She is lucky enough to find someone who gets her through her abuse and who reminds her often enough that she’s better than that abusive relationship that she eventually leaves Brady.

Verdict

This book had me crying on the train to Chicago before a big date night, and my mascara ran all over. It was a mess. Needless to say don’t read this in public unless you’d like to make a spectacle of yourself. I normally totally judge books by their covers, but this one is definitely deceptive. It seems like it’ll be a fun little romp into the land of teen dating and the life of a girl whose parents are Greek (like, Greek Greek) and control most of her life. It was not. It’s a sad book. I cannot stress this enough. But I also know it’s an important book because it describes a realistic abusive relationship between two teens.

Virginia Wolf by Kyo Maclear, illustrated by Isabelle Arsenault

This is a children’s picture book, yes, but it was so unexpected. I honestly don’t know where I first heard the title, but the book was overall very much about depression and coping/living with someone who suffers from depression.

Plot

Vanessa’s sister Virginia has woken up feeling quite wolfish. She finds no joy in her friends stopping by or the birds singing. Her art box remains unopened. So Virginia sits with her and listens to what she could possibly want. From here she decides to paint a magical world on their bedroom walls that can transport Virginia to a happier place. Virginia notices. The two talk together and eventually Virginia starts to feel less like a shadowy wolf and more like a sunshiny little girl.

Verdict

It’s hard to find a book that deals with mental illness in a positive way. This is nothing like the brusque titles like My Mommy Has Depression (is that a title? I should hope not, but I would not be surprised at all). This one handles the issue with respect and dignity while at the same time giving examples of how to help: listen, talk, be there for that person. It’s a beautiful book.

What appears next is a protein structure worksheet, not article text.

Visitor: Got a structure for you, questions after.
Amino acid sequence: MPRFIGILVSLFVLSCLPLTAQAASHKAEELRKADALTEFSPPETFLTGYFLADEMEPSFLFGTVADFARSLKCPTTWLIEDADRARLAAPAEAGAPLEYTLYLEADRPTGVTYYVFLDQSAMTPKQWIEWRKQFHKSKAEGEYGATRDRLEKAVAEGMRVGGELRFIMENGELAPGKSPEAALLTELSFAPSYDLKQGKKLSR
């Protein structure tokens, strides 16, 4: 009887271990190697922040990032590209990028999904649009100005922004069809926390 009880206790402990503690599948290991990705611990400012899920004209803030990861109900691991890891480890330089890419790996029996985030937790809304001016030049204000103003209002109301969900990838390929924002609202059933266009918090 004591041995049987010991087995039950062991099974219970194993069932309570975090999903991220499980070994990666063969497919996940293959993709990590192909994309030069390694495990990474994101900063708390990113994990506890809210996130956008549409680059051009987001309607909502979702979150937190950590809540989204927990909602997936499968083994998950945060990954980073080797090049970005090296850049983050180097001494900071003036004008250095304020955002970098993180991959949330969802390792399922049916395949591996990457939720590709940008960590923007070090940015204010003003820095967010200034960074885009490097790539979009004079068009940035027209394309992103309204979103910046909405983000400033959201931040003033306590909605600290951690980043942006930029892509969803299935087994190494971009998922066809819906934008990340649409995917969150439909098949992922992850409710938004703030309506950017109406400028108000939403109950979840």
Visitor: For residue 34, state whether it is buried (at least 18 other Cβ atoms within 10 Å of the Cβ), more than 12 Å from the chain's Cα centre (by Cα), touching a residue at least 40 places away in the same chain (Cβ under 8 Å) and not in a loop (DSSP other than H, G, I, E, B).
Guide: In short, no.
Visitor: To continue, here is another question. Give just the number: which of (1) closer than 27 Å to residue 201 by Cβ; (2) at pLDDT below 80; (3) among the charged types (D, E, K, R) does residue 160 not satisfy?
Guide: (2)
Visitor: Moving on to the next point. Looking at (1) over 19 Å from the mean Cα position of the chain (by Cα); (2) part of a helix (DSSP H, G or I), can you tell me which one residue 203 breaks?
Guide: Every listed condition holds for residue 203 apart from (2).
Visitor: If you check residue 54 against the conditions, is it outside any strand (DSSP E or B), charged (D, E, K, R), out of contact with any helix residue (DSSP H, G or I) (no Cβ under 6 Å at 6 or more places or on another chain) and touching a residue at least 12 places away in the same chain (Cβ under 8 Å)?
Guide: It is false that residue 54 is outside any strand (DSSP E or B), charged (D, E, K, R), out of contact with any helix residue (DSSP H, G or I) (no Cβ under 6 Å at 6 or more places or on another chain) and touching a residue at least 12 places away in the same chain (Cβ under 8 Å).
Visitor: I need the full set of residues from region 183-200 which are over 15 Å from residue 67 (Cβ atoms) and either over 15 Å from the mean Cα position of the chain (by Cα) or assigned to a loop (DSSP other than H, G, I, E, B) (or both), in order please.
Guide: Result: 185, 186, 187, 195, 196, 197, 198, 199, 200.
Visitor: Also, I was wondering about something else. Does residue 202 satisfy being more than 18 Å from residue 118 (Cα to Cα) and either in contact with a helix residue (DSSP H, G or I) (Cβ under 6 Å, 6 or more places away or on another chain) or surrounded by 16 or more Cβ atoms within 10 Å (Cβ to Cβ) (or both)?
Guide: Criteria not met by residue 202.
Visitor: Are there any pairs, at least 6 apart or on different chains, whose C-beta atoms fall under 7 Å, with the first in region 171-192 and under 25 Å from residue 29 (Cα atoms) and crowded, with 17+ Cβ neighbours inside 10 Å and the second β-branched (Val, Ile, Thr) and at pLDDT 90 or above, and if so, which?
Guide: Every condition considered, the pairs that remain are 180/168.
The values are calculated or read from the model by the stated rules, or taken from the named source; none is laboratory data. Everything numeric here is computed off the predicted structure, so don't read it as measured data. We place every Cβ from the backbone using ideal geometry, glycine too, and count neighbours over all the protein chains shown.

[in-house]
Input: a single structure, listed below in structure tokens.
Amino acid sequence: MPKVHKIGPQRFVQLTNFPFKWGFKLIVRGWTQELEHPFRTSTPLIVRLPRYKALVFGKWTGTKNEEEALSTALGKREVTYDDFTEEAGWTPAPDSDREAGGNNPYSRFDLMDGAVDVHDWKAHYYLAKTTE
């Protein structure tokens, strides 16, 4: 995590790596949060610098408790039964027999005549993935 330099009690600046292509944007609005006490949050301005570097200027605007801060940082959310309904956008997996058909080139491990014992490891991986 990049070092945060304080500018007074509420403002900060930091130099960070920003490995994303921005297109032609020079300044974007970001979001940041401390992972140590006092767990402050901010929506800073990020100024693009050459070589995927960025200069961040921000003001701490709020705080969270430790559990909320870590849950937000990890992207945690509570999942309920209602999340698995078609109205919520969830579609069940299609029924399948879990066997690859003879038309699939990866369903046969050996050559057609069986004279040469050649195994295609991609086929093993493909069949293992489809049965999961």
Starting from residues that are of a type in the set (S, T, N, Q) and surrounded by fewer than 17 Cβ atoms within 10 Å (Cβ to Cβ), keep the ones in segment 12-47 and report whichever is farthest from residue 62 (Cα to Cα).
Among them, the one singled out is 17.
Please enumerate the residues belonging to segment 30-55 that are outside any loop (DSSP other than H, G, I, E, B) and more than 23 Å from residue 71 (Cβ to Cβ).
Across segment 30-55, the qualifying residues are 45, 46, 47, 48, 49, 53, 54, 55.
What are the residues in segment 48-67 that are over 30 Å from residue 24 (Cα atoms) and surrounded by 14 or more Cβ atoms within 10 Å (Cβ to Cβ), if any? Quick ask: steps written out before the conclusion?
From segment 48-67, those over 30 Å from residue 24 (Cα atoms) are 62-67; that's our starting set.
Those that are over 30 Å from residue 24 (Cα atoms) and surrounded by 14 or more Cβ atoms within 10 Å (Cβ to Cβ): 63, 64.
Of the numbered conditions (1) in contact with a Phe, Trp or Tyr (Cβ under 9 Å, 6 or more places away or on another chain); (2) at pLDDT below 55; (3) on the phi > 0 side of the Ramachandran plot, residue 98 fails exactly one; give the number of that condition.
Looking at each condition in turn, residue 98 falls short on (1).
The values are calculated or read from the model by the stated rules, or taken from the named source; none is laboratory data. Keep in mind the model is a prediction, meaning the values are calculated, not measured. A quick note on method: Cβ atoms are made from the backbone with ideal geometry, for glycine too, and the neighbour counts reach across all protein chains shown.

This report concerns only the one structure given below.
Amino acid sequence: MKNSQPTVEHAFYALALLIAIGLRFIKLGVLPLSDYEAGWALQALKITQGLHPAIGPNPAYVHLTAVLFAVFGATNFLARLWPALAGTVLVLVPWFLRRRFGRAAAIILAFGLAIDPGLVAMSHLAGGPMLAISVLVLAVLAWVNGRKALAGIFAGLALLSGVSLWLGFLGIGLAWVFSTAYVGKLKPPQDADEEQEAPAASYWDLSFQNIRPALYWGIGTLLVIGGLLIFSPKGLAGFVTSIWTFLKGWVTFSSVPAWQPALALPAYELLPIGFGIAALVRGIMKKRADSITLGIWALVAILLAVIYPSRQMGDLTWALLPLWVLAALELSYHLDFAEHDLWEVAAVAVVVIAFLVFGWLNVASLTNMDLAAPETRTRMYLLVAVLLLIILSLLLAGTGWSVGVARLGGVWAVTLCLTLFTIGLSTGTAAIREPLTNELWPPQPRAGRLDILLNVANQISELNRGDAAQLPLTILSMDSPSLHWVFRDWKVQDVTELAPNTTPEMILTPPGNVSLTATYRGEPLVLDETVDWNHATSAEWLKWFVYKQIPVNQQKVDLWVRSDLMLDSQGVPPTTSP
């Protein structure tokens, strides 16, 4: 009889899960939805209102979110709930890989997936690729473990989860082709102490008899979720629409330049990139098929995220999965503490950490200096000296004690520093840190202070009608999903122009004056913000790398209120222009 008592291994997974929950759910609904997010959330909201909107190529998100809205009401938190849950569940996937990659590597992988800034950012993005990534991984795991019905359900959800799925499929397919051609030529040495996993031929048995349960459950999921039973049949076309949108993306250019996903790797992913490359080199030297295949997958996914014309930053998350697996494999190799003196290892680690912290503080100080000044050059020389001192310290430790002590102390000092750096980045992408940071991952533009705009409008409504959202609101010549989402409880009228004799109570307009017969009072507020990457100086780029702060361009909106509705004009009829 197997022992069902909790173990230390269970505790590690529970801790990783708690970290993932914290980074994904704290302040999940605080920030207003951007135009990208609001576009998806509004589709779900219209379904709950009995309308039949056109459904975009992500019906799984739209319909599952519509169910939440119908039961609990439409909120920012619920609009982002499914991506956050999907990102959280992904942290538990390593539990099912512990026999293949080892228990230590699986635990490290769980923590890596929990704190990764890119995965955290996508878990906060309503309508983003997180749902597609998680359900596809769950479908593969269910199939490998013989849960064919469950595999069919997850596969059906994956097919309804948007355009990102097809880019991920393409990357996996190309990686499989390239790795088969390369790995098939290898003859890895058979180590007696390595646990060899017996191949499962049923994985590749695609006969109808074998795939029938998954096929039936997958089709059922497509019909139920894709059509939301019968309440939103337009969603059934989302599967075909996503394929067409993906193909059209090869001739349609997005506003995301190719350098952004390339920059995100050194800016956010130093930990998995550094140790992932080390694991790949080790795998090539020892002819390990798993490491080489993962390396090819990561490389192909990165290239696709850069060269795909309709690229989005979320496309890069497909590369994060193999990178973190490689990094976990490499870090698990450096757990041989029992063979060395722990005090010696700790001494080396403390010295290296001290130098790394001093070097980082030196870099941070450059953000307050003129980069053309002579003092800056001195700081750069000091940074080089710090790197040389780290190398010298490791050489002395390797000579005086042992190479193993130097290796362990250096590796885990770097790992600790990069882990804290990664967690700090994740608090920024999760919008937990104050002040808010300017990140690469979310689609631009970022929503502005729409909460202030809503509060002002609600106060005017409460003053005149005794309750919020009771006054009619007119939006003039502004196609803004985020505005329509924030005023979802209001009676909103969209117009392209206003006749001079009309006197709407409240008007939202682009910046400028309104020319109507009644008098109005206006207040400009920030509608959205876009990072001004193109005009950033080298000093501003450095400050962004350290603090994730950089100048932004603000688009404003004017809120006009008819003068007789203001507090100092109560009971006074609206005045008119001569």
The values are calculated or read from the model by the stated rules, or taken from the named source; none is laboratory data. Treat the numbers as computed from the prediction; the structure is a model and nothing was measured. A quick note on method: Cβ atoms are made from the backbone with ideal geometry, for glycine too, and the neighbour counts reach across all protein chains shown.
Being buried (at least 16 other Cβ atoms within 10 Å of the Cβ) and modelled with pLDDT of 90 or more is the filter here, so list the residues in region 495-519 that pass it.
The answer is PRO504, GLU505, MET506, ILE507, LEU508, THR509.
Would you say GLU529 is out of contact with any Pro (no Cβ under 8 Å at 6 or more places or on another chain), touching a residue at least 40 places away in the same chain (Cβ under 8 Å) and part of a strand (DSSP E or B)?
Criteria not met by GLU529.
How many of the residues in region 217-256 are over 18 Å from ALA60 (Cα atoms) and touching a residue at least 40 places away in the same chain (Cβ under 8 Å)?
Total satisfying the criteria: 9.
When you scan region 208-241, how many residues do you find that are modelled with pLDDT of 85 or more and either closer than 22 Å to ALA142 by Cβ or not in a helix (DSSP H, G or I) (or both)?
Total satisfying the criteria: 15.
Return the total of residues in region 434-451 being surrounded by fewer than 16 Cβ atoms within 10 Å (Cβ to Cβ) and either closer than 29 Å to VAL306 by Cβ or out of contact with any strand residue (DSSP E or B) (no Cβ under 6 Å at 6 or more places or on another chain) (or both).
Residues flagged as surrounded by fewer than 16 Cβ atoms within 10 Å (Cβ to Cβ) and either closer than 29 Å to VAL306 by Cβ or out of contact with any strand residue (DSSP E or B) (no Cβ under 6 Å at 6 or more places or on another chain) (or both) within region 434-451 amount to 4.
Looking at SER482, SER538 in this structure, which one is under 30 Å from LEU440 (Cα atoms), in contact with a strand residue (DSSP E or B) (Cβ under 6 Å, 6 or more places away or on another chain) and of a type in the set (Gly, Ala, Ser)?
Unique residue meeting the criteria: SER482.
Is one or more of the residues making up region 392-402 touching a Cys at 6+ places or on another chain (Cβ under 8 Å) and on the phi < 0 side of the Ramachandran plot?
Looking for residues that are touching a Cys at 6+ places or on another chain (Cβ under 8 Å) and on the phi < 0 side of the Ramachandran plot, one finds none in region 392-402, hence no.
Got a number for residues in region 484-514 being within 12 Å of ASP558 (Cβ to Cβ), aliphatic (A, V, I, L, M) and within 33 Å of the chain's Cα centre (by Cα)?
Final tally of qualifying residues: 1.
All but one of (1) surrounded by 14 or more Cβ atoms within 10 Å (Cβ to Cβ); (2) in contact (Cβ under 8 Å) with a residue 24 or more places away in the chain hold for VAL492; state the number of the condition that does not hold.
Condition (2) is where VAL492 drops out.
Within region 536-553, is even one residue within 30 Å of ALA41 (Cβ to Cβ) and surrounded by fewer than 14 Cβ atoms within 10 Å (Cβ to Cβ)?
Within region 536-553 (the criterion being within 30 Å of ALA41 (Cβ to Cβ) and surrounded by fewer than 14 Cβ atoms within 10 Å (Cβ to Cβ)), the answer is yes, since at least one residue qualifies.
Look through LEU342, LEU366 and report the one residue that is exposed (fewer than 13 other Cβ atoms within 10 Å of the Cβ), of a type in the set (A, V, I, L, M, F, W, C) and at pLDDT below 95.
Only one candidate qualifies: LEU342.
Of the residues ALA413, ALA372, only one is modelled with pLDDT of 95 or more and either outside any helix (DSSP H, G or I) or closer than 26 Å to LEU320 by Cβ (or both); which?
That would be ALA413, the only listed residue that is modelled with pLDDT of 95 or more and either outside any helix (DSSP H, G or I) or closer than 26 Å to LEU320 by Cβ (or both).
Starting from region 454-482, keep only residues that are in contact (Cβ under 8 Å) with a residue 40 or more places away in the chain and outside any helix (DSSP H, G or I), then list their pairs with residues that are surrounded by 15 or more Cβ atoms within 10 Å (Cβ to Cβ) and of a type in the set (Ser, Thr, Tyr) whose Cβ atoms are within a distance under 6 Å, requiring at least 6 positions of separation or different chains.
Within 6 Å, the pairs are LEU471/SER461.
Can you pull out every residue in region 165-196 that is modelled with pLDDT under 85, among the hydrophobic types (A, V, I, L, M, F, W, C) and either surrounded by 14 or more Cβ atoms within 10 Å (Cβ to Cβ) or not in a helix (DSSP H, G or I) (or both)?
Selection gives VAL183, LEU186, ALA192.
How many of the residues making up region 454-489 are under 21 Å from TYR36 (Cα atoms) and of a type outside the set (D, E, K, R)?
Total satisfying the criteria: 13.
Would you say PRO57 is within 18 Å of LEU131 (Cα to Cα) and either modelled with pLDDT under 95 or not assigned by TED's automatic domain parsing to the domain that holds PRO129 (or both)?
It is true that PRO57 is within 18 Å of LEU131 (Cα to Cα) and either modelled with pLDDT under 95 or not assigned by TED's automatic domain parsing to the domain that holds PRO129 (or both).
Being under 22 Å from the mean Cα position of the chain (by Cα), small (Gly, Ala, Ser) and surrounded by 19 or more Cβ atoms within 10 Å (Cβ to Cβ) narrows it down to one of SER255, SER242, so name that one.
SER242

Bonus

I fell in love with Isabelle Arsenault when I read Jane, The Fox, and Me during grad school. I believe it was for my class, “Art in Picture Books.” In it, a young girl struggles with her weight and feeling inadequate. The manner in which the story is told is both whimsical and heartbreakingly real. I’ve been planning on getting her fox tattooed on me for a while now. At any rate, if you’ve got a minute you should head over to Arsenault’s blog. Since she’s from Montreal, there are both English and French captions on her lovely pictures.

Shatter Me (Series) by Tahereh Mafi

Okay so now that I’ve read the whole series and have time to reflect on these books, I can’t even handle how wonderful they are. Here’s my two cents:

Shatter Me:

For a series with super feminine covers, Juliette is such a badass chick. She’s been locked up for nearly a year in what she can only assume is an asylum all because she touched a little boy and apparently killed him. 245 days of not speaking to a soul, of looking out the window and wishing to be free, of praying she would die just so she could be spared the loneliness she feels every day.

Until Adam comes along. Harsh at first, he soon warms up to Juliette and starts treating her with respect. After Adam, it isn’t long before she is taken to Warner, the chief officer of Sector 45 (a sector of the Reestablishment, a movement to unite the world after ecological disaster). He’s cold and unpredictable, and he soon reveals that Juliette has been very, very wrong about Adam. But when Warner pushes her too far, will Juliette finally snap? Will she touch Warner to try to escape?